"Rocks ahead!" The instinct of the seaman spoke, even at such a time, to keep another vessel from harm. The answer from our vessel was a volley of curses. Then the searchlight swept our deck, and we could see all our enemies. They were round us in a great ring and closing in upon us. They saw us, too, and with a shout began to run in. I took Marjory by the waist and ran with her to the bow of the ship; I flung her up on the bulwark and jumped up beside her. Don Bernardino joined us in a moment, and we saw the searchlight as it passed us and pierced into the fog ahead. Already the bulk of the battleship was almost lost in the mist; there was only a faint indication of her presence in a monstrous mass behind the searchlight, and the end of a spar rising above the fog. In front of us there was a great roaring of water and that sharp rushing sound which comes from the back sweep of a broken wave. Our skipper saw the danger, and in a voice like a trumpet gave his orders.
But it was too late to do anything. As the searchlight again swept our deck, I saw the ring of men break up and scatter; almost at the same moment the rays passing beyond us, fell on a low rock rising from the sea up whose sides great waves were dashing. We were rushing to it, borne by wind and tide in a terrible haste.
At that instant we struck a rock below the water. With the shock we three were thrown forward into the sea. I heard a despairing shout behind us; and then the water closed over my head.
When I rose it was in a wild agony of fear for Marjory. She had been sitting to my left on the bulwark and must therefore have fallen to seaward of me. I raised myself as well as I could and looked around; and, by God's grace, saw two hands rising above the water a few yards from me. With all my might I struggled towards them, and was able to drag my wife up to the surface. When I had her with me, though my terror and anxiety increased, I could think. At such moments the mind acts with lightning speed, and in a second or two I came to the conclusion that the rock we had struck must be amongst the Skares. If so, the only chance was to edge in with the tide and try to avoid striking any of the underlying rocks which I knew well were so deadly. Had not I seen Lauchlane Macleod come to his death through them.
It was a desperate struggle before us. The tide was racing amongst the rocks, and even were there no waves it would have been a difficult task to have won through it into shore. For myself I was a strong enough swimmer to have found my way in, even if I had had to round the outer rock and keep up to the harbour of Whinnyfold. But with Marjory to care for, too—Marjory who had only lately learned to swim. . . . The prospect was indeed a terrible one. We must not lose a chance, and so I made my wife loose her skirts which fell away in the drag of the water; she could then swim more freely and to the best of her power.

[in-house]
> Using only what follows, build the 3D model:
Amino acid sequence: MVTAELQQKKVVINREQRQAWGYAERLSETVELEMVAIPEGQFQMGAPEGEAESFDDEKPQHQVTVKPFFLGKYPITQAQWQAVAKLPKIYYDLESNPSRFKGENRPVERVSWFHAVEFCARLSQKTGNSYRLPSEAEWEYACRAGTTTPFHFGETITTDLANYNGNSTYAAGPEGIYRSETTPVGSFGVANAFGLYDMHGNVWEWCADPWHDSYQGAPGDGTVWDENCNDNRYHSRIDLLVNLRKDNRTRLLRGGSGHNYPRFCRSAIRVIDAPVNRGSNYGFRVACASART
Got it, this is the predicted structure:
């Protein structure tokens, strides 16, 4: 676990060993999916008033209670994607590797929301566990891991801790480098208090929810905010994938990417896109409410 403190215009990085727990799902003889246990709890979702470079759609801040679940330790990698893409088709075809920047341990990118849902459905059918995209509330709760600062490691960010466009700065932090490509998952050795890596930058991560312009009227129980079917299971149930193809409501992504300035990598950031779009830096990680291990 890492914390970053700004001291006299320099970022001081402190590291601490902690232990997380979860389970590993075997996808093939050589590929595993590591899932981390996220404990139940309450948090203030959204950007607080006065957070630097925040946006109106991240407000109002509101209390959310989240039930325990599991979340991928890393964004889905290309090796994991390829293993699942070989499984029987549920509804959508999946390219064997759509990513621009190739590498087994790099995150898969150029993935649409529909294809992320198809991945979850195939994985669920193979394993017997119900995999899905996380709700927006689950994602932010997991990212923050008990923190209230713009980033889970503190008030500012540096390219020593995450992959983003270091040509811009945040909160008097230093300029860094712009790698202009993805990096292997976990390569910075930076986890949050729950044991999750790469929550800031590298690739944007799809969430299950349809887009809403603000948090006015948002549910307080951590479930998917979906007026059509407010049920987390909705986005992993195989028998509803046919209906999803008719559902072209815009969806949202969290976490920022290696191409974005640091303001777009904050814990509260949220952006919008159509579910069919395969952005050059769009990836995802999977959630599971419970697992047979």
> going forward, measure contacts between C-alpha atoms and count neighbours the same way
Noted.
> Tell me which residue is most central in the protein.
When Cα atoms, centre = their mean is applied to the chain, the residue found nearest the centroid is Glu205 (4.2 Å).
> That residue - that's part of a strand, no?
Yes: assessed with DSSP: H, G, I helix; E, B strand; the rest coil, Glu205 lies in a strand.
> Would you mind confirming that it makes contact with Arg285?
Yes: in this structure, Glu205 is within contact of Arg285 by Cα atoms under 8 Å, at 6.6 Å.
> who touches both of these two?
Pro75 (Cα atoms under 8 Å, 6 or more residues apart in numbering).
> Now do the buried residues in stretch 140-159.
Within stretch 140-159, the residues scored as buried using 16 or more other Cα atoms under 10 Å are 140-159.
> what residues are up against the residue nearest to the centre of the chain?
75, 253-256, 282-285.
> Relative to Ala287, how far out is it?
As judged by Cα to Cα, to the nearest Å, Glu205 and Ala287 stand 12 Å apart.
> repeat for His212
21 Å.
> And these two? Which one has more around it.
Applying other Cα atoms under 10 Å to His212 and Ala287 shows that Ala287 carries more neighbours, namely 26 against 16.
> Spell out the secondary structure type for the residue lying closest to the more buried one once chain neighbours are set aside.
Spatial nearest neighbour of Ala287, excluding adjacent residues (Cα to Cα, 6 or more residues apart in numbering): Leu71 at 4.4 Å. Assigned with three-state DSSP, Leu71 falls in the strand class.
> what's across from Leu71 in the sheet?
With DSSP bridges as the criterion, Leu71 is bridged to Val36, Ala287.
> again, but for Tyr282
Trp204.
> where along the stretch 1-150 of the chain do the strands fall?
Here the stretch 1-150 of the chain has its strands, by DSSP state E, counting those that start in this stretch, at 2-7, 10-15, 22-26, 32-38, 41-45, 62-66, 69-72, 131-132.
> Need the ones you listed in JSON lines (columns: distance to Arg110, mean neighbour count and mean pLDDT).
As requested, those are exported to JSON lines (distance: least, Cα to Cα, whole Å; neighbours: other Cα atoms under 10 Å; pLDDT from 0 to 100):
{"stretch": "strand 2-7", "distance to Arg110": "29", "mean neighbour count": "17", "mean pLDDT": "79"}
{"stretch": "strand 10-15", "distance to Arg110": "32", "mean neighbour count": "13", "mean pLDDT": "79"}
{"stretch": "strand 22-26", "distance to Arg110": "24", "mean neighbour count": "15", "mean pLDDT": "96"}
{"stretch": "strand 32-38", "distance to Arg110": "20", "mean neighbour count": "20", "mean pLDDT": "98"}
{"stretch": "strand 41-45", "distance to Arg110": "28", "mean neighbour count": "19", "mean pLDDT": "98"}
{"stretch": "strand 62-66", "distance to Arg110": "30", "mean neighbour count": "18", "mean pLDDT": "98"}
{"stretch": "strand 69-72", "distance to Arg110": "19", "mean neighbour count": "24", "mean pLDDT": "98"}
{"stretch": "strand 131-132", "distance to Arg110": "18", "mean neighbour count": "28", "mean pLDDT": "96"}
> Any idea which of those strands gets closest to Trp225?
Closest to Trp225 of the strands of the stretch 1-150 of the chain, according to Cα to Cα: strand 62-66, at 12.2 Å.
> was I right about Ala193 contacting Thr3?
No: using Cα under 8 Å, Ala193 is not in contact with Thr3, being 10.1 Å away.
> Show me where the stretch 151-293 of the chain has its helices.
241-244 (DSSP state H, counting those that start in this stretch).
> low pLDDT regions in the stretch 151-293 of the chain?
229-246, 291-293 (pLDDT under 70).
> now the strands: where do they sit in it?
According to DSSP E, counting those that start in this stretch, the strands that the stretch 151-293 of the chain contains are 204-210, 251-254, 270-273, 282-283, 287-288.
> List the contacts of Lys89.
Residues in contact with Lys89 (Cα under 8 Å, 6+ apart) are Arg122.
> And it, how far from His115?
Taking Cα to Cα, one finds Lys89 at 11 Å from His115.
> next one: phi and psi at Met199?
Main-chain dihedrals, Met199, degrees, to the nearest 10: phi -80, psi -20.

The wind beat fiercely, and the tops of the breaking waves nearly choked us as they flew. There was just light enough down on the water level to see rocks a few yards ahead; the line of the shore rose like one dim opaque mass. In the darkness and the stress of the tide race there was little I could do, save keep Marjory's head and my own above the water and let the current bear us on. I must avoid the rocks as well as I could, and let all my efforts tend to bring us shorewards. There was not time for fears or doubting, or hoping; the moments must pass and the struggle be made, never-ending though it seemed to be.
After a few minutes I began to tire; the strain of the last few days and my late effort in reaching the whaler had begun to tell on me. I had now and again a passing thought of Don Bernardino and the friends who had been helping us; but they were all far off. The Spaniard I should probably never seen again; the others might never see us. . . . I was relapsing into the lethargy of despair.
With a violent effort I woke to the task before me, and kept sternly on my way. Marjory was striving her utmost; but her strength was failing. Her weight was becoming deader. . . . That nerved me to further effort, and I swam on so frantically that I drew closer to the mainland. Here there was shelter of a kind; the waves broken by the outer rocks were less forceful. The crested tops which the wind had driven on us were weakening also. There was hope in this and it kept me up. On I fought—on—on—on. Oh! would the struggle never end! I shut my teeth, and forged on fiercely. I could feel that we were going with the rush of the waves through a gully between sunken rocks.
Joy! there was shore beneath my feet, rough pebbles which rolled and worked against each other. The wave pulled us back. But my heart was renewed again. I made one more frantic effort, and swam closer to the land. Then as I saw the wave began to recoil I put down my feet, and with the last of my strength lifting Marjory in my arms I fought fiercely with the retreating wave. Staggering over the screaming pebbles, exhausted to the point of death, I bore her high up on the beach and laid her down. Then I sank lifeless beside her cold body.
The last thing I remember was the faint light of the coming dawn, falling on her marble-white face as she lay on the shore.